OBJECTIVES: This study determined whether injection with hypertonic dextrose and morrhuate sodium (prolotherapy) using a pragmatic, clinically determined injection schedule for knee osteoarthritis (KOA) results in improved knee pain, function, and stiffness compared to baseline status.

    DESIGN: This was a prospective three-arm uncontrolled study with 1-year follow-up.

    SETTING: The setting was outpatient.

    PARTICIPANTS: The participants were 38 adults who had at least 3 months of symptomatic KOA and who were in the control groups of a prior prolotherapy randomized controlled trial (RCT) (Prior-Control), were ineligible for the RCT (Prior-Ineligible), or were eligible but declined the RCT (Prior-Declined).

    INTERVENTION: The injection sessions at occurred at 1, 5, and 9 weeks with as-needed treatment at weeks 13 and 17. Extra-articular injections of 15% dextrose and 5% morrhuate sodium were done at peri-articular tendon and ligament insertions. A single intra-articular injection of 6 mL 25% dextrose was performed through an inferomedial approach.

    OUTCOME MEASURES: The primary outcome measure was the validated Western Ontario McMaster University Osteoarthritis Index (WOMAC). The secondary outcome measure was the Knee Pain Scale and postprocedure opioid medication use and participant satisfaction.

    RESULTS: The Prior-Declined group reported the most severe baseline WOMAC score (p=0.02). Compared to baseline status, participants in the Prior-Control group reported a score change of 12.4±3.5 points (19.5%, p=0.002). Prior-Decline and Prior-Ineligible groups improved by 19.4±7.0 (42.9%, p=0.05) and 17.8±3.9 (28.4%, p=0.008) points, respectively; 55.6% of Prior-Control, 75% of Prior-Decline, and 50% of Prior-Ineligible participants reported score improvement in excess of the 12-point minimal clinical important difference on the WOMAC measure. Postprocedure opioid medication resulted in rapid diminution of prolotherapy injection pain. Satisfaction was high and there were no adverse events.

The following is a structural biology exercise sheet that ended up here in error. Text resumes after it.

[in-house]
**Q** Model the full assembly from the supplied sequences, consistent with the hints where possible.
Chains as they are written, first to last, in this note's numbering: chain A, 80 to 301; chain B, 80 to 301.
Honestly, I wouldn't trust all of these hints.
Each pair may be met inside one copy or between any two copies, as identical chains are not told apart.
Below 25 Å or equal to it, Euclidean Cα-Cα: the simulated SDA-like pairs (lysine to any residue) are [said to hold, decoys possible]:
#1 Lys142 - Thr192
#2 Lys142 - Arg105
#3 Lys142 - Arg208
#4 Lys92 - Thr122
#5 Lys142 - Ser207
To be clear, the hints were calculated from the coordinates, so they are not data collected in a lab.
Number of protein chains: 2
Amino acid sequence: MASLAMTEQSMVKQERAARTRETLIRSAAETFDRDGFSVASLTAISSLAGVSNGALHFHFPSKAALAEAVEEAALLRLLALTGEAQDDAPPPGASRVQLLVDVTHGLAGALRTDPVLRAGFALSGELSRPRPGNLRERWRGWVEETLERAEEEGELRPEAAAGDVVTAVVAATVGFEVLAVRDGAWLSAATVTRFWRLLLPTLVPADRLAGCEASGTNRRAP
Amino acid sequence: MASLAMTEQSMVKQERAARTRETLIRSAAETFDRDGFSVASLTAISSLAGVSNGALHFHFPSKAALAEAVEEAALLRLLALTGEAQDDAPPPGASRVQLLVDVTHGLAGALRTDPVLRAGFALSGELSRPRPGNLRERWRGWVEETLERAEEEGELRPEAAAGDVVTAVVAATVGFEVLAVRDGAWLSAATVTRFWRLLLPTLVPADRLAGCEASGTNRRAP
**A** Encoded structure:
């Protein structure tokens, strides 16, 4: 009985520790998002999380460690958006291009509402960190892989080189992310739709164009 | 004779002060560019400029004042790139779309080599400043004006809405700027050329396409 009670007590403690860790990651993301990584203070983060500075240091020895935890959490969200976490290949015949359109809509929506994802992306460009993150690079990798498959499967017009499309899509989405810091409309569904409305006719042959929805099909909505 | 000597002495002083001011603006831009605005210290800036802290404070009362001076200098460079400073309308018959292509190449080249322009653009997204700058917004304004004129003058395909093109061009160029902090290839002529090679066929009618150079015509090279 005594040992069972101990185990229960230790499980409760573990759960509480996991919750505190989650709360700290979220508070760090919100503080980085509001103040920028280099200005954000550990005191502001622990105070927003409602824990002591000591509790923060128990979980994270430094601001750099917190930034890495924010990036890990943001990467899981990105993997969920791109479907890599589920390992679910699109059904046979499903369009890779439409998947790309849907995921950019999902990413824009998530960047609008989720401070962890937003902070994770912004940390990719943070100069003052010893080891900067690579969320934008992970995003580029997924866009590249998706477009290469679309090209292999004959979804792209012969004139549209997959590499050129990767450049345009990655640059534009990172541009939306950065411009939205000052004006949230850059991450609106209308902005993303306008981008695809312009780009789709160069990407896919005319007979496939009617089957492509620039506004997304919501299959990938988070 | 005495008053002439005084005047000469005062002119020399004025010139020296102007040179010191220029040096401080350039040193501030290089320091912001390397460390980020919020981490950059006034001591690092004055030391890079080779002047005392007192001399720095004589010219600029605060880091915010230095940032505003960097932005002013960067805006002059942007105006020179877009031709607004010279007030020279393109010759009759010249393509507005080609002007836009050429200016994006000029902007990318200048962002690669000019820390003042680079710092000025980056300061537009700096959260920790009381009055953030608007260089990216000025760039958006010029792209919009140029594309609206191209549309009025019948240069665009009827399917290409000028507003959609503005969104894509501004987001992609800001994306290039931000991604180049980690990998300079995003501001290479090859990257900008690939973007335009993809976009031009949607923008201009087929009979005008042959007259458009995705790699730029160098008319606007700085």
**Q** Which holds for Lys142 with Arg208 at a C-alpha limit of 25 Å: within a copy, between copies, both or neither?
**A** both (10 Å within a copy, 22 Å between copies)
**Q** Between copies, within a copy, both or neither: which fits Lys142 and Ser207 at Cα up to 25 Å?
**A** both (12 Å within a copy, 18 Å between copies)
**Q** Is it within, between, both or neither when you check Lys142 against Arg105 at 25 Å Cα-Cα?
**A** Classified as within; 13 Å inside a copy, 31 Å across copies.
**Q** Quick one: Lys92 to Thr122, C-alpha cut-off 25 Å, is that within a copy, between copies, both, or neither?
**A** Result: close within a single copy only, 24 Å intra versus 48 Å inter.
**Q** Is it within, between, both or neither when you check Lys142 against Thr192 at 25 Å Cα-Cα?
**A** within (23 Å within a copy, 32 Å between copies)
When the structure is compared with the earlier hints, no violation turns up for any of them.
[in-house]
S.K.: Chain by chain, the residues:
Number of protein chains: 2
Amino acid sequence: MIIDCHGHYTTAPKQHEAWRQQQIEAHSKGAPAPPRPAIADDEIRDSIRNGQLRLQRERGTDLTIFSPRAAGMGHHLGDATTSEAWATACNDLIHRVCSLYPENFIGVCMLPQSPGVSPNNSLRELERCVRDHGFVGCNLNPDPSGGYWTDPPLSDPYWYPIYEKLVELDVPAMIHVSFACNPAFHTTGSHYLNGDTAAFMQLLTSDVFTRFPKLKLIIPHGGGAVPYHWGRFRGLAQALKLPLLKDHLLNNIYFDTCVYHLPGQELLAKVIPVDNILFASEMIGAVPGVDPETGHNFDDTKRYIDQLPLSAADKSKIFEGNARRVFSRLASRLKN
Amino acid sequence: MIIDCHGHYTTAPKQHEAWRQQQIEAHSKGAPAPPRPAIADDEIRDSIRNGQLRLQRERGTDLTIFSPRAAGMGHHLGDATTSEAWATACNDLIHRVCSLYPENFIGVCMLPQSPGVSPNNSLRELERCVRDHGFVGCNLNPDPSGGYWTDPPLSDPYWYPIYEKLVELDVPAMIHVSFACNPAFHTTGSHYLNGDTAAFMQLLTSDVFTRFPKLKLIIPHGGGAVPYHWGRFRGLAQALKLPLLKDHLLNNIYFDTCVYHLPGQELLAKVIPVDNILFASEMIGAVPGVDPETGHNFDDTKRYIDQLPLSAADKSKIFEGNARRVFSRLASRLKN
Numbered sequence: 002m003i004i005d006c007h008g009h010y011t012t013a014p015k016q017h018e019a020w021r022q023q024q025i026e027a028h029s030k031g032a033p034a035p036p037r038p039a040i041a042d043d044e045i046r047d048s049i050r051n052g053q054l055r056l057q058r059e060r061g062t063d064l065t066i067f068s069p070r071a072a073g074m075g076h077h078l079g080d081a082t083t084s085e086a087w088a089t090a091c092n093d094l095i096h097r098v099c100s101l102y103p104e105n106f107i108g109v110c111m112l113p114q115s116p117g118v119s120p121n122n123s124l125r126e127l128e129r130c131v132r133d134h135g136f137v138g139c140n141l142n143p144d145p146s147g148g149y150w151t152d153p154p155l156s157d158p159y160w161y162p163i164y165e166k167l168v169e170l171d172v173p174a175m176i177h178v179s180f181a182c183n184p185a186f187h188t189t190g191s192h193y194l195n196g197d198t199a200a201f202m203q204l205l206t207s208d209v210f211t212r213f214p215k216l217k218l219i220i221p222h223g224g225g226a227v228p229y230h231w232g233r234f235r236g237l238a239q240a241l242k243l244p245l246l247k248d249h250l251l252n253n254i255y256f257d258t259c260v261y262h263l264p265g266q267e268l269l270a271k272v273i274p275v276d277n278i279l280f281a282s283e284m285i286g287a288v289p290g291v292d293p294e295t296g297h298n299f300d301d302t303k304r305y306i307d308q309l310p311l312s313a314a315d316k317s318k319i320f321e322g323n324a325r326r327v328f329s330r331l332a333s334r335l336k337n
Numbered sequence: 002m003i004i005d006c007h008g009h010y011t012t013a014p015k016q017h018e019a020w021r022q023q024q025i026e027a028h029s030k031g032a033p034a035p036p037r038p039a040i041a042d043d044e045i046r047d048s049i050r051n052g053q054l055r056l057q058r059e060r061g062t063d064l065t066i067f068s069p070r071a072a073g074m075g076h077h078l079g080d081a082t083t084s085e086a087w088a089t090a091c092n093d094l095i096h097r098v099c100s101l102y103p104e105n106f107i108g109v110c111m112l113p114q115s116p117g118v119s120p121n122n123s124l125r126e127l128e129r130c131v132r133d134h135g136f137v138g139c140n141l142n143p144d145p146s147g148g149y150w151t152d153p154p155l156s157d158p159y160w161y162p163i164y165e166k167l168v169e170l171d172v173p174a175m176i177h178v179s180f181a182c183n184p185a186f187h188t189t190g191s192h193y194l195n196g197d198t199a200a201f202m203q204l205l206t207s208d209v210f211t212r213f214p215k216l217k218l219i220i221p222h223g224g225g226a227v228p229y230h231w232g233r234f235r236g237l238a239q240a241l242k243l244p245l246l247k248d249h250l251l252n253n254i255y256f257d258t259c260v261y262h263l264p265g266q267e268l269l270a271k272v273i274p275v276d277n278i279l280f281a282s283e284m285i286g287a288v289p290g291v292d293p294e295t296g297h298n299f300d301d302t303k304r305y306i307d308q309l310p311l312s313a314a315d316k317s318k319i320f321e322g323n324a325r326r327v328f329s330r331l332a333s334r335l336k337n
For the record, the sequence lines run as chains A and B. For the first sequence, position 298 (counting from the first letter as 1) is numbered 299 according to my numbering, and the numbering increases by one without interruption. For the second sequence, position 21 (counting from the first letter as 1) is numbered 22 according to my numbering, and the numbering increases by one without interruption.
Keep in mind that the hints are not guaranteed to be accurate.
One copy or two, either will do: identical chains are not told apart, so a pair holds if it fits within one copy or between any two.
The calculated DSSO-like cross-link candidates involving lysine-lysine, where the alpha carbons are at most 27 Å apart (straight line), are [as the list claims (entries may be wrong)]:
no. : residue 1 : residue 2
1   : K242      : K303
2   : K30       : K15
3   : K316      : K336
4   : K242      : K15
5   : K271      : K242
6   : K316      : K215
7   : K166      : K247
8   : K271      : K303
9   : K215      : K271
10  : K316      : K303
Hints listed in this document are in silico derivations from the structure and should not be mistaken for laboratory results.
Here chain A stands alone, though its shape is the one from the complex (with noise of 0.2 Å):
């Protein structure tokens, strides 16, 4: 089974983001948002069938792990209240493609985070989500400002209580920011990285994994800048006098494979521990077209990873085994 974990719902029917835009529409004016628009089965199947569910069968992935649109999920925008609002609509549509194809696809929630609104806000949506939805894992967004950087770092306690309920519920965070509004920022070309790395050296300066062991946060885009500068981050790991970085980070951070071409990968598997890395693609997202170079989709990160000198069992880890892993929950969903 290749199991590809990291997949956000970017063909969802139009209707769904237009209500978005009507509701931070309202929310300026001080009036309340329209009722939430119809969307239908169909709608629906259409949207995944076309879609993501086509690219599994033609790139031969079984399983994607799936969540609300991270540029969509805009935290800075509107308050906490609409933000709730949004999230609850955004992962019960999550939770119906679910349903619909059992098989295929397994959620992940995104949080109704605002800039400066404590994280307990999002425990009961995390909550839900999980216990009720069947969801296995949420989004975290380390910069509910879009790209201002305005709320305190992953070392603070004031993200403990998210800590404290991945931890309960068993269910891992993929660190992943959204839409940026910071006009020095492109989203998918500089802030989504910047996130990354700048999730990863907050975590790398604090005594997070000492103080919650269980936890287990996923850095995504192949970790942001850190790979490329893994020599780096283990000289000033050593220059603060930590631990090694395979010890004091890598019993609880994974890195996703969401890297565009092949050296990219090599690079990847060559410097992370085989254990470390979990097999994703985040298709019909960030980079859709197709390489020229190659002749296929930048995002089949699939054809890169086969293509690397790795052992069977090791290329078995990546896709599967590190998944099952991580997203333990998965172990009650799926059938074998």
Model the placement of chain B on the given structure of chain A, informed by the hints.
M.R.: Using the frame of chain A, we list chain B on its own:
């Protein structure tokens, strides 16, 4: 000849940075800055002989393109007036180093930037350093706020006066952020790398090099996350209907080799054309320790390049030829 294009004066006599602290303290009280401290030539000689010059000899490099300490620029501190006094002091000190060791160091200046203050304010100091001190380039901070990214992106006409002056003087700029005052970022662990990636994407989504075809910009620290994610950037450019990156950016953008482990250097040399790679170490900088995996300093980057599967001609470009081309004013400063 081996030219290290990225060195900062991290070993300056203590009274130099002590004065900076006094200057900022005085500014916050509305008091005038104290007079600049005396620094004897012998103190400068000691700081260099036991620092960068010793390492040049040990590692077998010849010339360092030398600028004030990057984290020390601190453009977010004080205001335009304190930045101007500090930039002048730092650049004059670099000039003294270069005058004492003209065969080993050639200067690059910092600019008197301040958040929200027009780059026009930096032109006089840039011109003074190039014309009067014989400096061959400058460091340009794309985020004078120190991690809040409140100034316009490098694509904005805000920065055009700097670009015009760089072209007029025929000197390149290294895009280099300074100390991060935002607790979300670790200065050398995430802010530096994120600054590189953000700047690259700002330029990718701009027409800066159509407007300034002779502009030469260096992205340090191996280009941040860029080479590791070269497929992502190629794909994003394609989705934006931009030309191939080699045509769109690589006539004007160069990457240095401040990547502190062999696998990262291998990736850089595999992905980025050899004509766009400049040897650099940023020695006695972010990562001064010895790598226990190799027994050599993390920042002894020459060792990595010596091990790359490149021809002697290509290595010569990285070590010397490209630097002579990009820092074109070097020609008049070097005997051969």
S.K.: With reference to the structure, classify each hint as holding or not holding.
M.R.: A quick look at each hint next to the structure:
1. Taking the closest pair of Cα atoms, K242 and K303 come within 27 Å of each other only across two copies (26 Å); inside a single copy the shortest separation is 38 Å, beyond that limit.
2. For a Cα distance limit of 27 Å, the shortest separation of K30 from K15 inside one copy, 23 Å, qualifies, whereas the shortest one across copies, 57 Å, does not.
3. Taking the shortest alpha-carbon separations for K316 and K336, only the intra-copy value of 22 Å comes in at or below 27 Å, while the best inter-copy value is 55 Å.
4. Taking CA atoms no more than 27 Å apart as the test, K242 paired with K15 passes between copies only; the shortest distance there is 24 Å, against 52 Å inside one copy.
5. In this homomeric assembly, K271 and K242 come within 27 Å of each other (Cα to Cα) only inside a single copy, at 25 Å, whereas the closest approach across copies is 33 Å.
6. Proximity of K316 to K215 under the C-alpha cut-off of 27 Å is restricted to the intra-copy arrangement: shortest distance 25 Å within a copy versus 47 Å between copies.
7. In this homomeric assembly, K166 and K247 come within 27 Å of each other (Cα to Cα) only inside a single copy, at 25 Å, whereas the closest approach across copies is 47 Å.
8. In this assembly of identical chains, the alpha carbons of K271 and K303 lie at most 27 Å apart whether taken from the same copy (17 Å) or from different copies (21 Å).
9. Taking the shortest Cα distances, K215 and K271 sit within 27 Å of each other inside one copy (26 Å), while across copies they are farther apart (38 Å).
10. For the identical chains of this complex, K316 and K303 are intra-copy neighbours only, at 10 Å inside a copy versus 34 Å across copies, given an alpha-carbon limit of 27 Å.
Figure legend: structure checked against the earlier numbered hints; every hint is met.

CONCLUSIONS: Prolotherapy using dextrose and morrhuate sodium injections for participants with mild-to-severe KOA resulted in safe, significant, sustained improvement of WOMAC-based knee pain, function, and stiffness scores compared to baseline status.

    Be well!

    JP

  4. JP Says:

    Update 05/22/15:

    http://www.ncbi.nlm.nih.gov/pmc/articles/PMC4357593/

    Ther Adv Musculoskelet Dis. 2015 Apr;7(2):35-44.

    Therapeutic effects of prolotherapy with intra-articular dextrose injection in patients with moderate knee osteoarthritis: a single-arm study with 6 months follow up.

    OBJECTIVES: Prolotherapy is an injection-based complementary treatment, which has shown promising results in the treatment of different musculoskeletal disorders. The aim of this study was to determine the therapeutic efficacy of dextrose prolotherapy on pain, range of motion, and function in patients with knee osteoarthritis (OA).